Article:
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How to Remote Monitor Your Physical Server Network

By Morgana Siggins

October 19, 2020


If you work for a company that depends on a physical server network you know that constant uptime is vital. Network downtime causes serious problems to organizations, such as reduced productivity, affected customer services, and even lost sales.

However, most of the time, keeping network downtime at a minimum is not a simple task. In order to keep your servers up and running as they are supposed to, you first need to know what's going on at all times.

That's where remote monitoring comes into the picture.

Server room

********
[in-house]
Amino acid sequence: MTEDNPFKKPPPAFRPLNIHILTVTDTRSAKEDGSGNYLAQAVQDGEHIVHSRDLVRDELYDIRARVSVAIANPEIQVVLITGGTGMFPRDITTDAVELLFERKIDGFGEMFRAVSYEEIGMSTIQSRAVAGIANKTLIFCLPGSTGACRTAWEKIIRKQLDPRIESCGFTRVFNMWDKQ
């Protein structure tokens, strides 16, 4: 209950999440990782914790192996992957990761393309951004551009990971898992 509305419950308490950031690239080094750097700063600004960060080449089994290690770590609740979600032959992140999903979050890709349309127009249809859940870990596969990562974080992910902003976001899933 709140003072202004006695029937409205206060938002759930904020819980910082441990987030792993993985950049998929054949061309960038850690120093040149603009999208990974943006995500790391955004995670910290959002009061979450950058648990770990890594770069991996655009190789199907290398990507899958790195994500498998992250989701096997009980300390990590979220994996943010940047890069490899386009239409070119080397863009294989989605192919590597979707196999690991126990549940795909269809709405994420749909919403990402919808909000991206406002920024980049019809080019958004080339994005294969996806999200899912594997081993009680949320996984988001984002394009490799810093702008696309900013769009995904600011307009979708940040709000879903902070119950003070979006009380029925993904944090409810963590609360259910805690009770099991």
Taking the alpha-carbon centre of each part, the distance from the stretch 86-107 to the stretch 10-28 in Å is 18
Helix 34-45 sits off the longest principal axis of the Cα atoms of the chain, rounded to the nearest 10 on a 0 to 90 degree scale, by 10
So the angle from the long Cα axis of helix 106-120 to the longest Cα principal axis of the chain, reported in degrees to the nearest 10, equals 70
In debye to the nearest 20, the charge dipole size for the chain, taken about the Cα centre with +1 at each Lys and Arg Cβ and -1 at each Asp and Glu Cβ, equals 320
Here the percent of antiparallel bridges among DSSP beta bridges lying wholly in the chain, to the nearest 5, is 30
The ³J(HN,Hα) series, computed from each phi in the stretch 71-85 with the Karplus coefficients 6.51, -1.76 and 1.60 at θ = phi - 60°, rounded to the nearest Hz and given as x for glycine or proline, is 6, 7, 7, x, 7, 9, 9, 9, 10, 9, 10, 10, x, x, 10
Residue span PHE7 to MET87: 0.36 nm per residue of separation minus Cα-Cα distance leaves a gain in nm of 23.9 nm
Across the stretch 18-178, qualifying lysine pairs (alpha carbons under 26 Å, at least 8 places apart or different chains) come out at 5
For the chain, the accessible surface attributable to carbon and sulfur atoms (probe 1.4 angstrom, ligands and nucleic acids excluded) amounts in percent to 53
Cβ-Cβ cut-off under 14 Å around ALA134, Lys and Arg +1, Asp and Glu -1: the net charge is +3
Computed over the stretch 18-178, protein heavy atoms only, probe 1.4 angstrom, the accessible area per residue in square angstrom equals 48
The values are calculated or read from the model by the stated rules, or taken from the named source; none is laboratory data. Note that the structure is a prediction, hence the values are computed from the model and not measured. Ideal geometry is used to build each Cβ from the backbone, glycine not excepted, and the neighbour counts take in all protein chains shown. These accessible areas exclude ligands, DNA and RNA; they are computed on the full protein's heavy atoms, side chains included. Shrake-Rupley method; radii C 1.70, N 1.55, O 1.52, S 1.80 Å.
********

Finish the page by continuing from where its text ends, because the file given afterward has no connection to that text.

Instead of wasting resources sending your technicians to manually monitor what's going on with your physical servers, a remote monitoring system can do this job in a cost-effective way.

Remote monitoring your network means having visibility over your equipment and processes. This will help you know what is running as expected and what is not. This way, you can always make sure that your servers are optimized, you can take care of problems before they cause downtime, and enhance your end-user experience.

But accessing all this information, and receiving actionable alerts and reports will depend on your monitoring system. That's why we aim to give you the most dependable and efficient monitoring solutions possible.